I always have a running list of my top 10 favorite movies. I will take one off and add some new ones depending on what has come out that year. Since I was about 8 years old, there has been one movie that has never come off that list: “Meatballs.”

There are many quotable lines and speeches. But the best one, by far, is “It Just Doesn’t Matter.” In that scene, head counselor Tripper (Bill Murray), tries to rally up his campers who are in the midst of their yearly Olympiad with their rival team The Mohawks. Morale among campers is down and even the staff points out that the Mohawks have beaten them every year for 12 years in a row. In an attempt to rile up the campers and staff, Tripper gives them a battle cry speech in which he tells them it doesn’t matter if they win or lose:

“That’s just the attitude we don’t need. Sure, Mohawk has beaten us twelve years in a row. Sure, they’re terrific athletes…IT JUST DOESN’T MATTER. I tell you, IT JUST DOESN’T MATTER! IT JUST DOESN’T MATTER! IT JUST DOESN’T MATTER!” The entire camp starts chanting this chant and it ultimately fires them up to prove Tripper wrong. What they do does matter. They fight harder for the rest of the Olympiad games. The result? They win. They beat the Mohawks. It’s the best.

Arizona SB 1062, the “Anti-Gay, Pro-Discrimination” bill was vetoed today by Governor Jan Brewer. Sure, it’s a minor victory. Yes, we saved ourselves from additional national embarrassment. But at what cost? The Hispanic National Bar Association canceled their 2015 convention that was to be held here. We were made fun of by every single news outlet in the nation (and world-wide too I’m sure, except for in Russia who must have thought Arizona was awesome). And everyone knows that the only reason why she vetoed the bill today and not last Friday when it originally passed in both the House and Senate was because The NFL threatened to pull the Superbowl out of Arizona this year. It took the fucking Superbowl to make her do something. (Which, as many of you remember, is the only reason why Arizona agreed to celebrate Martin Luther King Day here in 1992.)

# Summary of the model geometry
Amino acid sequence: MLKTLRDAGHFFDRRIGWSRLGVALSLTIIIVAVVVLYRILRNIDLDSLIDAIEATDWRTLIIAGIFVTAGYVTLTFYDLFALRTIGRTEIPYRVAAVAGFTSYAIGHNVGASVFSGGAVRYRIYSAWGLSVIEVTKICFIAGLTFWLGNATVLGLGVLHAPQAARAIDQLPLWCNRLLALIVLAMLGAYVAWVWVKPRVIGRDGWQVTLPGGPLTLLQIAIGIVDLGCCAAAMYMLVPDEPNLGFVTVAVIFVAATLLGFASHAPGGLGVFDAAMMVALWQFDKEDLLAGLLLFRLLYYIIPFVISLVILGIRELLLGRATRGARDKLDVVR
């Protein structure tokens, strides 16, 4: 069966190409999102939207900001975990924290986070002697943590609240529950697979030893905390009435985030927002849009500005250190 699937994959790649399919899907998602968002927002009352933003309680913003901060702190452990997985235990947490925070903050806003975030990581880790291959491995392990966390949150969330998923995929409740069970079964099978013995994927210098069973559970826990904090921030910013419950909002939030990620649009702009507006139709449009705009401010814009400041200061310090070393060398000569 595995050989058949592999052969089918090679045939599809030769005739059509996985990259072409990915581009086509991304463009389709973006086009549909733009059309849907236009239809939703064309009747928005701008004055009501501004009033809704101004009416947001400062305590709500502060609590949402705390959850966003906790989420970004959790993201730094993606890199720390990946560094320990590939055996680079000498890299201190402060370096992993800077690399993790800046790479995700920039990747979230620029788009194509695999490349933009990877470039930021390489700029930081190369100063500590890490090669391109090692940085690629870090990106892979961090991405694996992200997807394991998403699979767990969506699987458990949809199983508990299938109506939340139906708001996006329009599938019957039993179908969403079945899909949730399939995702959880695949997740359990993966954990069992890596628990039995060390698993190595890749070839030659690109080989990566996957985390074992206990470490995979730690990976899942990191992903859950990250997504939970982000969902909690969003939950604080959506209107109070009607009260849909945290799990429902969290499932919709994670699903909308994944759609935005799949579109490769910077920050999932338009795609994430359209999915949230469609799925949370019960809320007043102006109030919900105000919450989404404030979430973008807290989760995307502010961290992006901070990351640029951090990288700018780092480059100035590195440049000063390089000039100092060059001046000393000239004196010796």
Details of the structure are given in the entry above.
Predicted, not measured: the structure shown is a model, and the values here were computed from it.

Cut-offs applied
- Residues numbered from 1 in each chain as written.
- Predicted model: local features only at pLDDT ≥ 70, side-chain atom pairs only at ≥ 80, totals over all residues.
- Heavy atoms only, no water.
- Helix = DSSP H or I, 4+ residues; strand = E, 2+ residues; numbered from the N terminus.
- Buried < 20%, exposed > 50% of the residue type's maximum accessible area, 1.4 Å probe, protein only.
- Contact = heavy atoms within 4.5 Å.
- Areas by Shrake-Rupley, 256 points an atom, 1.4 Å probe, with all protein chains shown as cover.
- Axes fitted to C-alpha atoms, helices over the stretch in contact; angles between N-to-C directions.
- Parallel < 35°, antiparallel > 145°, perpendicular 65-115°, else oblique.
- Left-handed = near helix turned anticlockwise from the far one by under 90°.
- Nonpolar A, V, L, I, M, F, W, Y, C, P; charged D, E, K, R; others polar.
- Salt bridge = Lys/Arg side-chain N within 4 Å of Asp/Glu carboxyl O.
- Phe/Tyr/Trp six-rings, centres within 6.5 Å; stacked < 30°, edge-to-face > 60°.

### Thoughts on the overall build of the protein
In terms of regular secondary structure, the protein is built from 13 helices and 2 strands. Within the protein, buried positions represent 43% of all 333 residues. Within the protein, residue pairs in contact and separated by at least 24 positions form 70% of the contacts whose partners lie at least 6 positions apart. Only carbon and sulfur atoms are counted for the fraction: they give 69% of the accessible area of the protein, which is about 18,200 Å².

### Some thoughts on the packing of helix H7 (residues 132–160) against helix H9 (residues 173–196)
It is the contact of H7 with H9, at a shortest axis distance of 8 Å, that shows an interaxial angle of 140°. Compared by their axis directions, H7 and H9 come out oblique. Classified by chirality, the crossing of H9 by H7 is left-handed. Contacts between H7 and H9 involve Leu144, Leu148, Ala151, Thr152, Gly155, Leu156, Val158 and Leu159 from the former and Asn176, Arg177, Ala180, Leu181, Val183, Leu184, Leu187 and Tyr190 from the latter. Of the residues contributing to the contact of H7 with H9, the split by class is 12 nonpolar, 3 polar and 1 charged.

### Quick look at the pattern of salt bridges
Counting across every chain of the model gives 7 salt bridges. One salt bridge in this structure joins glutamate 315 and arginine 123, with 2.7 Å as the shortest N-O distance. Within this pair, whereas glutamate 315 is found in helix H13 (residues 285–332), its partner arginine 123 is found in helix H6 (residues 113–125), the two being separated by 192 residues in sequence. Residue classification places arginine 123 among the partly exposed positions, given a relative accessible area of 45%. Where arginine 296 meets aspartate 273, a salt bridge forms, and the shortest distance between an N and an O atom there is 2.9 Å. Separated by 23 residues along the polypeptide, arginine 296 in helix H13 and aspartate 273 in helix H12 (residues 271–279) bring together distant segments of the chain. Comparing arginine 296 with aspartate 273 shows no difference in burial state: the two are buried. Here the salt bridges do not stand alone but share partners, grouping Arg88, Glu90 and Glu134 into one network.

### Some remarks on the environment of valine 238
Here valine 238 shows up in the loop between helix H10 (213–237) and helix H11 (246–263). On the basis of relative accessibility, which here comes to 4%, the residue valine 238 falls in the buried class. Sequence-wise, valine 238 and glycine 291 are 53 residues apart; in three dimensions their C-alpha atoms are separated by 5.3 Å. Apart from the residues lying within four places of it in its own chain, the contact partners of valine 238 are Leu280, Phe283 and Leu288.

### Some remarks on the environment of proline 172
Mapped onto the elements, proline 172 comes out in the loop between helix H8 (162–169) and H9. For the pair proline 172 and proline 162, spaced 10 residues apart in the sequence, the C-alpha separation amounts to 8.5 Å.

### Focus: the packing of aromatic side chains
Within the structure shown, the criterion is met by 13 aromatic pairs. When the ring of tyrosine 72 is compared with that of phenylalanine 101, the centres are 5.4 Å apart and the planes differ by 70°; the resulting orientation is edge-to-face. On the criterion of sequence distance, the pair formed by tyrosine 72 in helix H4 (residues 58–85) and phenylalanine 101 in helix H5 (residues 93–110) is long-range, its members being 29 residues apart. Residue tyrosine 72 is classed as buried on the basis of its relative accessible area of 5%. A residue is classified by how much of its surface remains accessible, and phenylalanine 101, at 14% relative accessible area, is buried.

So now is our moment Arizona. You feel beaten down by the government and you don’t think you can fight anymore? You think that they are bigger and stronger than you are and you will never beat them. That you will never win?


You want to keep voting for these same people who are currently in office? To keep voting on these party lines because that’s how you have always voted? Our Arizona Republicans (and let’s not debate this…every single Republican in the House and Senate voted yes for this bill) told us exactly how they feel about equality, about religion, about anyone who does not believe or feel the way they do. They were put in office to represent how their Republican constituents would want them to vote on every issue. Are you a Republican who was not in support of this bill and who put these people in Office? Then your interests, your beliefs, were not properly represented. So three of them changed their minds. Big flipping deal. They voted yes at first, setting this whole thing in motion. Changing their minds because they might lose their jobs is not bravery. It’s the very definition of cowardice.


Arizona is now synonymous with bigotry, hatred and homophobia. She vetoed it because we were going to lose business. That doesn’t mean she didn’t support it. She allowed SB1070 to go through to allow for legal discrimination based on a foreign appearance. If the businesses didn’t speak up so loud this particular time, would she have vetoed it or let us have two bills based on hatred?


Do you still think that you can’t change things or that “nothing can be done.”? That one little person can’t change the way things are run? I know that I educated most of my followers about this bill through this blog and the only reason I heard about it was through an out of state Facebook friend. The media, the newspapers seemed to hide this story until it could no longer be hidden. Do you think that if all of us did not join up together and shout that it must be stopped that it actually would have?


If you think that our younger generation shouldn’t get involved, that it is too upsetting for them, think about this: my 5 year old helped with the lyrics to our “Just Say No” video. I explained the bill to him in words he could understand and it made him angry. My 10 year old and my 12 year old filmed and edited the video. We all watched Gov. Brewer announce her decision tonight to veto the bill and we all jumped up and high-fived each other. Our little family may have helped kill a bill. The people at Schoolhouse Rock would be proud. My kids now know, for the rest of their lives, that they don’t have to stand for things that they think are unfair.


In the end, we can beat the Mohawks. We can make smart voting decisions. We will all be informed about the laws by reading newspapers and watching the tv and the internet. We will teach future generations what is right and what is wrong. We just need someone to tell us we can’t. And then we will fight harder than ever to make sure we never lose again.

*Dedicated to the memory of Harold Ramis, co-writer of “Meatballs”, who died this week at age 69.

It Just Doesn’t Matter scene from Meatballs:


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